The impact of artificial intelligence on output and inflation



Many believe artificial intelligence (AI) will be the next general-purpose technology that will boost productivity growth. Indeed, AI adoption is already happening at breathtaking speed – in virtually all countries and industries. While AI is poised to have a profound impact on the economy, relatively little is known about its impact on employment and output across various industries, as well as its implications for growth and inflation in both the short and long run.


We study the economic impact of AI using a macroeconomic multi-sector model calibrated to an index of industry exposure to AI. We answer the following questions: To what extent does the impact of AI on an industry's employment and output depend on that industry's direct exposure to AI? How will AI adoption affect output and inflation in the short and long run? And, to foster AI adoption, what lessons can we draw for monetary policy as well as for public policy?


We find that AI, by spurring productivity growth, significantly raises aggregate output, consumption and investment in both the short and long run. An industry's direct exposure to AI has surprisingly little impact on its long-term outcomes. Higher total demand and associated changes in relative prices and input costs matter much more than the direct initial productivity boost from AI adoption. The effects of AI on inflation are uncertain. On the one hand, by raising productivity, AI adoption boosts supply, which is disinflationary. On the other hand, firms need to make substantial investments to take full advantage of AI. This, alongside higher average incomes, will add to demand and raise inflation. The net effect hinges on the timing of these forces, which in turn depends on the expectations of households and firms regarding the transformative potential of AI and their readiness to act on these expectations. Overall, AI's positive contribution to growth could also offset some of the detrimental secular developments that threaten to depress demand going forward, including population aging, changes in global supply chains, geopolitical tensions and political fragmentation.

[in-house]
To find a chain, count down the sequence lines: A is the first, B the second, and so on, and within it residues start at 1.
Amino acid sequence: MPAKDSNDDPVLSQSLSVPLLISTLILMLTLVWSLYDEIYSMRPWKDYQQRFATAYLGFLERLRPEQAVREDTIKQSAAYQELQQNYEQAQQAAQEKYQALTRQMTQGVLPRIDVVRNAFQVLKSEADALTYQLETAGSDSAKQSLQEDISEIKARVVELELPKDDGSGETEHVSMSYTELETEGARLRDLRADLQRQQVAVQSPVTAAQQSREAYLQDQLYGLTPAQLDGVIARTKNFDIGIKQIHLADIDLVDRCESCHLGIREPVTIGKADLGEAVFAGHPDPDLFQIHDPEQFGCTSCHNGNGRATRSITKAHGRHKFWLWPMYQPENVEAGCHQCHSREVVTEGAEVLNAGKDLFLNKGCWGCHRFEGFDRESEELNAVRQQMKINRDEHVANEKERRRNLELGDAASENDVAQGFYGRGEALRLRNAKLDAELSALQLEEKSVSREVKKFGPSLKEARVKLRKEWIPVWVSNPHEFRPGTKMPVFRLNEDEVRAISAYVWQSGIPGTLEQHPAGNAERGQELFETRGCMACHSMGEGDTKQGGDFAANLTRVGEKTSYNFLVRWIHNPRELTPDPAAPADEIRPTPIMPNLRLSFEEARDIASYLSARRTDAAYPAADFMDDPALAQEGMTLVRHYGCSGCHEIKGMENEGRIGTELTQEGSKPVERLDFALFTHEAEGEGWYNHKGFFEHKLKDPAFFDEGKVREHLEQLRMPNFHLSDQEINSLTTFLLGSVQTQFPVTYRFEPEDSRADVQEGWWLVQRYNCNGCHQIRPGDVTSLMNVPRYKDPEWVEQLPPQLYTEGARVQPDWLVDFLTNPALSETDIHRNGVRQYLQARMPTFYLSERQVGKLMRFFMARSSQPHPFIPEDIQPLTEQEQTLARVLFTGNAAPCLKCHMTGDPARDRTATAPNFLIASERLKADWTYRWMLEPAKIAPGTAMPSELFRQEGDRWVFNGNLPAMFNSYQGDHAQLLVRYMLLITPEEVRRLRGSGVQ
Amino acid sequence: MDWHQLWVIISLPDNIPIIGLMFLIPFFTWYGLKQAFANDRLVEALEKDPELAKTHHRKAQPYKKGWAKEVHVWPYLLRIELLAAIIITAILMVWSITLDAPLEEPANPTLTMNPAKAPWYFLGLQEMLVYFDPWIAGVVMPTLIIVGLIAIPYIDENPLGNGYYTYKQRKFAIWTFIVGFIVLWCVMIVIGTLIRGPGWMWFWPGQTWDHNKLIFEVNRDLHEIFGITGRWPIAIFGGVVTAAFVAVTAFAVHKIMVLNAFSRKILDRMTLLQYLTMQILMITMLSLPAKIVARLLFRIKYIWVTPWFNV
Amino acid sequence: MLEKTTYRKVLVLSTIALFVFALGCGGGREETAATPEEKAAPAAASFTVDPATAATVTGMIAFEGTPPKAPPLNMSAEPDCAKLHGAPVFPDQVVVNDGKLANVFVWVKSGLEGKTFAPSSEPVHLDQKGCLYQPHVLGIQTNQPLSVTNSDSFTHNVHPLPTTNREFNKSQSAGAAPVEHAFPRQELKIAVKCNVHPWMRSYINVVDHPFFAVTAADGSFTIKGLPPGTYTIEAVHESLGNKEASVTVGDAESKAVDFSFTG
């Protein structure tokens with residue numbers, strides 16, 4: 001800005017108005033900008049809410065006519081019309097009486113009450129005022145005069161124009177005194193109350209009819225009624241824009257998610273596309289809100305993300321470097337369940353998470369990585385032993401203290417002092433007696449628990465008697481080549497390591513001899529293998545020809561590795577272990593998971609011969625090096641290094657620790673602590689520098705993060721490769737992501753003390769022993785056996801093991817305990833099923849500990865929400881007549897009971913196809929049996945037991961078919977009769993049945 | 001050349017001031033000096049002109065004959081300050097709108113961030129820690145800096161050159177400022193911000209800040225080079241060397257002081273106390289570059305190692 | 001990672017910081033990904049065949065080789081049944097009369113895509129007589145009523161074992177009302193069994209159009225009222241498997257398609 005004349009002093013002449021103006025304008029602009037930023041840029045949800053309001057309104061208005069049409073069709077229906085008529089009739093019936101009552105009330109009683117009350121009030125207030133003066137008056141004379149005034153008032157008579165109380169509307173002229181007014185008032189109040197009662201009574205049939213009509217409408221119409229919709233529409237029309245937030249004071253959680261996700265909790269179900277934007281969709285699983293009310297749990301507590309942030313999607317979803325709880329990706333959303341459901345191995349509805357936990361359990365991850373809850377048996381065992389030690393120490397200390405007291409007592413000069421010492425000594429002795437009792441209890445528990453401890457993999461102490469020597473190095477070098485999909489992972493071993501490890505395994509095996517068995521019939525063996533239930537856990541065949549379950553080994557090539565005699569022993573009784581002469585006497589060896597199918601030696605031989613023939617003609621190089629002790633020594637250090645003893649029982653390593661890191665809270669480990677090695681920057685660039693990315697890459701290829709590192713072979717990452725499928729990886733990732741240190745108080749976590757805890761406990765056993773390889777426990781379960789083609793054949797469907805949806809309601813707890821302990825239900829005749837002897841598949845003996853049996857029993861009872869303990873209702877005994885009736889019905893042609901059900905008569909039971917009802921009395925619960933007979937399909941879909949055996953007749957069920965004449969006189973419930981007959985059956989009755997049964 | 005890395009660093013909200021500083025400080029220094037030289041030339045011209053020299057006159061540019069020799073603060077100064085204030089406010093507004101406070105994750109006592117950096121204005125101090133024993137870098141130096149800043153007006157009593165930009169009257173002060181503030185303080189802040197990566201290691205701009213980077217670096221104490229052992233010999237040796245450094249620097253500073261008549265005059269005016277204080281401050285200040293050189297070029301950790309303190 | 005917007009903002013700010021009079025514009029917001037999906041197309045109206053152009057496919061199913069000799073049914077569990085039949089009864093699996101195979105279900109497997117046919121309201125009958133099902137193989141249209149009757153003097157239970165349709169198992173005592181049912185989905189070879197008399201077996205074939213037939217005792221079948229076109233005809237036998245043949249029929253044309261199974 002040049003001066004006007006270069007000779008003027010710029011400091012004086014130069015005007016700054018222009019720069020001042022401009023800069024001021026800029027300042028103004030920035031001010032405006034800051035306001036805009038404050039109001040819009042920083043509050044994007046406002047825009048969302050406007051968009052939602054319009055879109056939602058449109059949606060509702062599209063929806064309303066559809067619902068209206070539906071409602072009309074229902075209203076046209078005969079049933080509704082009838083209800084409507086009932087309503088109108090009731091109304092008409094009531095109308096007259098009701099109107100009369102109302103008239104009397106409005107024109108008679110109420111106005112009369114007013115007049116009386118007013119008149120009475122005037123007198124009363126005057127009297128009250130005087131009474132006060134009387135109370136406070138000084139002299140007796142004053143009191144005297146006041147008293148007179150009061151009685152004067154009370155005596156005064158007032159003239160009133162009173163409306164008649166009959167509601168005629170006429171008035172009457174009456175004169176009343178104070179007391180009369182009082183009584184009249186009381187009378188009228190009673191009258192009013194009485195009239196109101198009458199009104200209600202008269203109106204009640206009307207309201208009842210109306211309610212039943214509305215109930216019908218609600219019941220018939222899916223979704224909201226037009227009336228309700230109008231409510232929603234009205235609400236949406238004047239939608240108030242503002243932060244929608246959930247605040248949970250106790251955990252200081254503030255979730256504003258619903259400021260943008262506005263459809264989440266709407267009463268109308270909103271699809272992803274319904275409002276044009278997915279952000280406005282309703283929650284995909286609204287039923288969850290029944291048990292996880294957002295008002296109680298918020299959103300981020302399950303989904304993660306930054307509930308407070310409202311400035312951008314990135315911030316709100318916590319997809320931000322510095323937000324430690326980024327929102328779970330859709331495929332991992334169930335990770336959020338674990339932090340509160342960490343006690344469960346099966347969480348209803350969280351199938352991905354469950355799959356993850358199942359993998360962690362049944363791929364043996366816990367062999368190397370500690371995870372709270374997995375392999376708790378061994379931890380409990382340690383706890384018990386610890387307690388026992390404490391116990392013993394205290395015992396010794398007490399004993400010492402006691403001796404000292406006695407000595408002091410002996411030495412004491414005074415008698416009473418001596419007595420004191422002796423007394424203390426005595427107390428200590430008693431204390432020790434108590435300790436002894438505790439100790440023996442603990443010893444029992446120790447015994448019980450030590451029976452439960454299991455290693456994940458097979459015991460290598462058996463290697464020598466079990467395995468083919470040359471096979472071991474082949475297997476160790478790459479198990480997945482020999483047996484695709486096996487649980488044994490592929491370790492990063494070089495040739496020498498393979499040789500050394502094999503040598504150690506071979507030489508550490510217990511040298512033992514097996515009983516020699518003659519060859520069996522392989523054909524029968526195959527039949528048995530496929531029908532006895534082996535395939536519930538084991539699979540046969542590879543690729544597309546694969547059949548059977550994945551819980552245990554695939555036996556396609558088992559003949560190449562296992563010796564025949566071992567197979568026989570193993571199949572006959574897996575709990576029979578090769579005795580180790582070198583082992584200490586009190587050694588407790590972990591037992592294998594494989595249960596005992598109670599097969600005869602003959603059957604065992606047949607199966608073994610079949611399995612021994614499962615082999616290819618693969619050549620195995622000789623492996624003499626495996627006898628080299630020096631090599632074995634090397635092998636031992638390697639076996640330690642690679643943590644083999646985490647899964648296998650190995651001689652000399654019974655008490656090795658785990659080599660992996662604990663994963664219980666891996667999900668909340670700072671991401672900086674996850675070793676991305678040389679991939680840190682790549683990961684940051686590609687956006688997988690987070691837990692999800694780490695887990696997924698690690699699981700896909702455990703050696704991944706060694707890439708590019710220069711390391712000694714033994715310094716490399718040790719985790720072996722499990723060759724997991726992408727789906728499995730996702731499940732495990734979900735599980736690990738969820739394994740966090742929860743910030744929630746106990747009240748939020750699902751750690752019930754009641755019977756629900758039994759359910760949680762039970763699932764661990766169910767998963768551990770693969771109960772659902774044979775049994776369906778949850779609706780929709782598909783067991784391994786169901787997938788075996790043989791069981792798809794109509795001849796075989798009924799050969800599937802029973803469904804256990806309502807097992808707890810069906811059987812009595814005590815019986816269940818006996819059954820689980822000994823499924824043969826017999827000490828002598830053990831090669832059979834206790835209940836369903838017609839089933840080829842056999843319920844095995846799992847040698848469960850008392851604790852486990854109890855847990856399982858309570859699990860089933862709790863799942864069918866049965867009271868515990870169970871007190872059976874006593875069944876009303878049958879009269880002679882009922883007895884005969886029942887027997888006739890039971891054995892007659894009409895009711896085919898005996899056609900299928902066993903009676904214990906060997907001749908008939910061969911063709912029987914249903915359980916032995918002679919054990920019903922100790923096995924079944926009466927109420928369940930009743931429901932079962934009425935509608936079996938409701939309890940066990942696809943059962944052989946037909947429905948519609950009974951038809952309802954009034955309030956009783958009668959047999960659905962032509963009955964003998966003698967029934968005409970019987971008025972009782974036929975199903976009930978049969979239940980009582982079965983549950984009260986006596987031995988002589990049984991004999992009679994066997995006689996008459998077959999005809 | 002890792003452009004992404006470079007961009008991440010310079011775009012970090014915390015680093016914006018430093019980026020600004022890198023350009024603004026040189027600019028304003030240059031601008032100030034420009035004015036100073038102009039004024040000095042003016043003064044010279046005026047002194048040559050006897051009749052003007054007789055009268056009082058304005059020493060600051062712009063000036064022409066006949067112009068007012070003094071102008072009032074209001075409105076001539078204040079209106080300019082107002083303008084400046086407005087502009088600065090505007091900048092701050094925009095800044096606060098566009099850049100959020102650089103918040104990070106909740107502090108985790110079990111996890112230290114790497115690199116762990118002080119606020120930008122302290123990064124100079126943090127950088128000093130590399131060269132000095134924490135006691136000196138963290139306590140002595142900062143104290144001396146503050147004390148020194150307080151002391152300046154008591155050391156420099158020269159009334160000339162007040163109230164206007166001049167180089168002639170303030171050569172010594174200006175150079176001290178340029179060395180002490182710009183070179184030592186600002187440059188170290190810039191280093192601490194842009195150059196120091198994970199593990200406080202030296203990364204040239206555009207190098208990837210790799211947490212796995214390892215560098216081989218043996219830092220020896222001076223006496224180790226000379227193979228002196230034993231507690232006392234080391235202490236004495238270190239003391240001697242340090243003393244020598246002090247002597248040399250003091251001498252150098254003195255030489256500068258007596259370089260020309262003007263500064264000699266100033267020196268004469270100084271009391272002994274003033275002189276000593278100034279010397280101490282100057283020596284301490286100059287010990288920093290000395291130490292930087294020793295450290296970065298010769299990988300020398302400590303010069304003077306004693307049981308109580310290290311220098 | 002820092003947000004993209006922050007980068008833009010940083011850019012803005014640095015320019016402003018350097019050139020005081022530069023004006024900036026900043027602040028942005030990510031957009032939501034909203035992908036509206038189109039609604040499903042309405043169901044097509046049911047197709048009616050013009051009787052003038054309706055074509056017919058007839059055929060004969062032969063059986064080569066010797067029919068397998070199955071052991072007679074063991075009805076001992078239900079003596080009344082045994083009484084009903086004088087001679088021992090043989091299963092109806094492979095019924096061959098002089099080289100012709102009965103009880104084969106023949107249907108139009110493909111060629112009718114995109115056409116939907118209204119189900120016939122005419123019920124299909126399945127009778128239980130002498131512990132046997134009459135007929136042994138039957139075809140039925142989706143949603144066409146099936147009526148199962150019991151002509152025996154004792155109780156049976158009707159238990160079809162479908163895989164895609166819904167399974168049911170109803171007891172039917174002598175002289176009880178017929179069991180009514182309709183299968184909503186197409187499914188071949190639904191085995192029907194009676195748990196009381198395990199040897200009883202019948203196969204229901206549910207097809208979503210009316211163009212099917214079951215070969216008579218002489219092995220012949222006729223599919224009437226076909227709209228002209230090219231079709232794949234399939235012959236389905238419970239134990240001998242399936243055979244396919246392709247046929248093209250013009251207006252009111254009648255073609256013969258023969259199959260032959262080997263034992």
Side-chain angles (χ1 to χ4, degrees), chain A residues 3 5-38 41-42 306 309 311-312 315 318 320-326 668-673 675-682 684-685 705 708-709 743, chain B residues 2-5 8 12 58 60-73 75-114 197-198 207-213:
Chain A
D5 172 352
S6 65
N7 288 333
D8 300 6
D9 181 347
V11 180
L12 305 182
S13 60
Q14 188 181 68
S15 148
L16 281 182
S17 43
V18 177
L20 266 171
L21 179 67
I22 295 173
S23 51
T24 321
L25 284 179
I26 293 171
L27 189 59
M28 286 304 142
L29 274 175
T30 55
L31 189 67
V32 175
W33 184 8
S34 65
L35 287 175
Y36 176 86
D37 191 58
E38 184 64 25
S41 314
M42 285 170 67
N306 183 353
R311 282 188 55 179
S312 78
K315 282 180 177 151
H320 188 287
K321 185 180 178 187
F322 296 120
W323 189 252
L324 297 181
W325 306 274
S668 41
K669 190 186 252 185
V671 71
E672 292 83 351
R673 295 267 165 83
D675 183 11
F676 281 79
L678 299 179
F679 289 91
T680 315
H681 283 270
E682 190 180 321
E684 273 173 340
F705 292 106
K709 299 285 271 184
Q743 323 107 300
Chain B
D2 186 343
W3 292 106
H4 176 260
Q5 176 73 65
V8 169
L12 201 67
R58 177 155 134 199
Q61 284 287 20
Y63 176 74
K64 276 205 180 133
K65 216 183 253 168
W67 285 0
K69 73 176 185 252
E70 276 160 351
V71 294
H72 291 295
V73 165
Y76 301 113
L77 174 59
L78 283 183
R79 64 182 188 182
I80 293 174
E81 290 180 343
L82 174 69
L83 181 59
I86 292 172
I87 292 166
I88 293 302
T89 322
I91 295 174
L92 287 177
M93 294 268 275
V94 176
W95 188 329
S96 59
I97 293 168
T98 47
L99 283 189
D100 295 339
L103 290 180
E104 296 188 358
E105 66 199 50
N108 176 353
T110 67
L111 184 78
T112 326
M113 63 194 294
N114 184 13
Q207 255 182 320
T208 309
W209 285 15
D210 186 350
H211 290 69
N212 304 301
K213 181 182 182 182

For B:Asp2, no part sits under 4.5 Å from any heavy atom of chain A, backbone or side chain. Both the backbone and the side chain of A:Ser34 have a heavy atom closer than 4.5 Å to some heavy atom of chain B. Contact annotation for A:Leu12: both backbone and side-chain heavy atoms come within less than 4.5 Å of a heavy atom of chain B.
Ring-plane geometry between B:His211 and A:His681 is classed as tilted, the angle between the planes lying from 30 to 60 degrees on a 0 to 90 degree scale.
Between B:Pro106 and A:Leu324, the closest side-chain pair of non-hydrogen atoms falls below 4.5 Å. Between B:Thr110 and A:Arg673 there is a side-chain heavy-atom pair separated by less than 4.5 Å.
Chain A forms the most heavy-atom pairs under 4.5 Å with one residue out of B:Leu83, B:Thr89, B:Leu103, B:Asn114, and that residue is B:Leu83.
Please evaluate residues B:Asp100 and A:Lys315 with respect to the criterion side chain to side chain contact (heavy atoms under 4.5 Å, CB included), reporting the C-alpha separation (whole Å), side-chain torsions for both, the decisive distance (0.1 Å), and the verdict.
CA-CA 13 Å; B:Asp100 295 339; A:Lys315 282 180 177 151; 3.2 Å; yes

This paper studies the effects of artificial intelligence (AI) on sectoral and aggregate employment, output and inflation in both the short and long run. We construct an index of industry exposure to AI to calibrate a macroeconomic multi-sector model. Building on studies that find significant increases in workers' output from AI, we model AI as a permanent increase in productivity that differs by sector. We find that AI significantly raises output, consumption and investment in the short and long run. The inflation response depends crucially on households' and firms' anticipation of the impact of AI. If they do not anticipate higher future productivity, AI adoption is initially disinflationary. Over time, general equilibrium forces lead to moderate inflation through demand effects. In contrast, when households and firms anticipate higher future productivity, inflation rises immediately. Inspecting individual sectors and performing counterfactual exercises we find that a sector's initial exposure to AI has little correlation with its long-term increase in output. However, output grows by twice as much for the same increase in aggregate productivity when AI affects sectors producing consumption rather than investment goods, thanks to second round effects through sectoral linkages. We discuss how public policy should foster AI adoption and implications for central banks.


Reporting by Iñaki Aldasoro, Sebastian Doerr, Leonardo Gambacorta and Daniel Rees, BIS, 17th April 2024